Black History Month is a narrow window within the year dedicated to celebrating the extensive stories and accomplishments of African-Americans.
Our history drew the short straw of the year, and although we’ve come a long way in celebrating the month, and even having a month to begin with, we have to remember that Black history deserves more than just 29 days.
Black history is often treated as separate from American history, but the contributions and triumphs of African-Americans is more American than anything. The history deserves to be considered, admired and talked about all 365 days of the year and then some.
Here are five ways we can do exactly this:
1) Attend Black history events in your community.
There are events surrounding Blackness that occur throughout the year. You can find out about them through local libraries, Facebook groups or Eventbrite. We have to show up squad-deep for these programs that highlight the Black experience during the year to show there’s an interest in Black issues, stories and culture. The more people show up, the more serious others will take these events and want to support them.
2) Spread knowledge about unknown Black figures.
We all know, love and respect popular Civil Rights Icons like Martin Luther King Jr., Rosa Parks and Malcolm X. We should continue to praise their work and heroism, but we also need to know about the history makers who didn’t make it to our textbooks who came before and after.
There’s Mansa Musa, the richest man in modern history, Dr. Alexa Canady, who became the first Black female surgeon in 1981 and so many more. There’s a lot we don’t know about, and it’s our job to tell the whole story of Blackness, including stories that others would prefer to leave out.
3) Teach the lesser-known history to the youth.
I will say this time and time again. IT STARTS WITH THE YOUTH. To see change, we have to start with the younger generations while their minds are still growing and open. If the schools aren’t going to teach us about other figures besides Martin Luther King Jr., and want to continue painting the picture that Christopher Columbus was just a courageous explorer, then we have to make sure our children know the whole truth.
We’ve all been taught the same history for decades, and then we may go off to college and learn lessons that contradict our previous teachings in a Black history class. Not all of us make it to college, so even if a child doesn’t pursue an education after high school, we still have to give that child the basic truths about how our country was truly created and the history of where people of African descent have come from.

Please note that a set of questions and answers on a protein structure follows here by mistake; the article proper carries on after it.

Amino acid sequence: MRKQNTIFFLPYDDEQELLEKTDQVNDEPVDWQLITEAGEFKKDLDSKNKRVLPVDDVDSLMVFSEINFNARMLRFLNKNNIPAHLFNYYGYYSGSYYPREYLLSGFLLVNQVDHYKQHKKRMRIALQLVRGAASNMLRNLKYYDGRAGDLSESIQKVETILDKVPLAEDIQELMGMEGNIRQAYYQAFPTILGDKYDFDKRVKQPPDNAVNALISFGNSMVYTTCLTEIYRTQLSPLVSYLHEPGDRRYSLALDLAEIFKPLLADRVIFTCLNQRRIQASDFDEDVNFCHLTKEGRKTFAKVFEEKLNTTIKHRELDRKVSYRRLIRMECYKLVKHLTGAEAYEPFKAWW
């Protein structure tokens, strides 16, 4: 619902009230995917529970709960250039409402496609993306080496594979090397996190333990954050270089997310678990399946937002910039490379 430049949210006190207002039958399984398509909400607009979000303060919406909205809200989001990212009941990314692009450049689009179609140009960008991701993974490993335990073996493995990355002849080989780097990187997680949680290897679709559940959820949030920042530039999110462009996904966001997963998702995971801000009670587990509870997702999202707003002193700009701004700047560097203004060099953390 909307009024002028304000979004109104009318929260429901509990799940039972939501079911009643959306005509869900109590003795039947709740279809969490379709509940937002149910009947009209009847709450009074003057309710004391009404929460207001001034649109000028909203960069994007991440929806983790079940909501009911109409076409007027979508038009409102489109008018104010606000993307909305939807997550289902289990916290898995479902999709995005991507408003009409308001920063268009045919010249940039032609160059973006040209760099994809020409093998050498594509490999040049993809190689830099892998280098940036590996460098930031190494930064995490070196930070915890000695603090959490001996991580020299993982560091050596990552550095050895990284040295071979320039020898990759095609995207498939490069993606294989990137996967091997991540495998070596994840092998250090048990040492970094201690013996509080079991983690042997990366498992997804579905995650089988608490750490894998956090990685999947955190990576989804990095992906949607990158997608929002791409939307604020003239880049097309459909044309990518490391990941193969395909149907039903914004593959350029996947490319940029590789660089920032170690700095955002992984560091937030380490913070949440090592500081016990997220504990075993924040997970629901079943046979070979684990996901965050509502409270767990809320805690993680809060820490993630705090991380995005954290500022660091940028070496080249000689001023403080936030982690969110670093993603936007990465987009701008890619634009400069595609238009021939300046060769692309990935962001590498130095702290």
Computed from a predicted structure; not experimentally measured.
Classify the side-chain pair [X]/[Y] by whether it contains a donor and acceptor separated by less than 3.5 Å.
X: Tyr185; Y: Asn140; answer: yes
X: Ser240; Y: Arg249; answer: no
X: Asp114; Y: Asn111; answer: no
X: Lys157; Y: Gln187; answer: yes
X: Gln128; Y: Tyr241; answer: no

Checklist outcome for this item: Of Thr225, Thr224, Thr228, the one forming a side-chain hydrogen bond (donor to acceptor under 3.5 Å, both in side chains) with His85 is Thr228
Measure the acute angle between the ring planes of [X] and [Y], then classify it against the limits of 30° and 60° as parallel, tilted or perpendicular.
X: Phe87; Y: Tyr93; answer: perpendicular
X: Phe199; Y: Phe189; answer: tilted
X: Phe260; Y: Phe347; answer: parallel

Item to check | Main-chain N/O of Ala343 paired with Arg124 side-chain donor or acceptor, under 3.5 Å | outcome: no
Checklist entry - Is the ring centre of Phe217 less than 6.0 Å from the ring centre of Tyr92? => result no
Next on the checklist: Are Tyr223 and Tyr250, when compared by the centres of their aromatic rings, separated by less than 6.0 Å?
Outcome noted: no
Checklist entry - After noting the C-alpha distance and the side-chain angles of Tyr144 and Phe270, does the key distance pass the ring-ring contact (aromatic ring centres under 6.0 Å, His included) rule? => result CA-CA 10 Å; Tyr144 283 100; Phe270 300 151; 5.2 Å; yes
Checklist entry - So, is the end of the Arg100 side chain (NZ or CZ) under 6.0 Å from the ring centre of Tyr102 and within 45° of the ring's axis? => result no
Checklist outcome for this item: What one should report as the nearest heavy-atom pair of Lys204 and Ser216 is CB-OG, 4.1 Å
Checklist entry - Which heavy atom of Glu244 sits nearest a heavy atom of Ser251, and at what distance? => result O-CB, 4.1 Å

4) Patronize Black businesses.
We not only need to celebrate the history of the past but the present as well. Contributing to our communities financially goes a long way in sustaining our current movers and shakers who will be the history makers of tomorrow. I understand in certain places, like Long Island, it can be hard to find Black businesses.
There are resources like the Black Long Island Facebook page, where you can search for different services. There are also apps and websites such as Official Black Wall Street and WeBuyBlack (We also have a little something coming for you so be on the lookout). Try to make it a goal to patronize at least two businesses per month and go from there.
5) Support HBCUs.
Even though I didn’t attend an HBCU, I still see the value in these historic institutions. Without them, I wouldn’t have even been considered for any colleges. These schools rely more heavily on government funding than other institutions. The battle for funding has been ongoing since the founding of HBCUs, and in the past seven years, three universities closed its doors for good. However, there’s still hope. Congress passed a bill that restored $255 million annually to help with STEM education at HBCUs. In this year’s spending bill, an additional $42 million was approved for HBCUs. But, we have to keep this energy going.
Here are five concrete ways that we can keep the history of African-Americans alive and present in the minds of all Americans and beyond. Let us know what you guys think can be added to this list.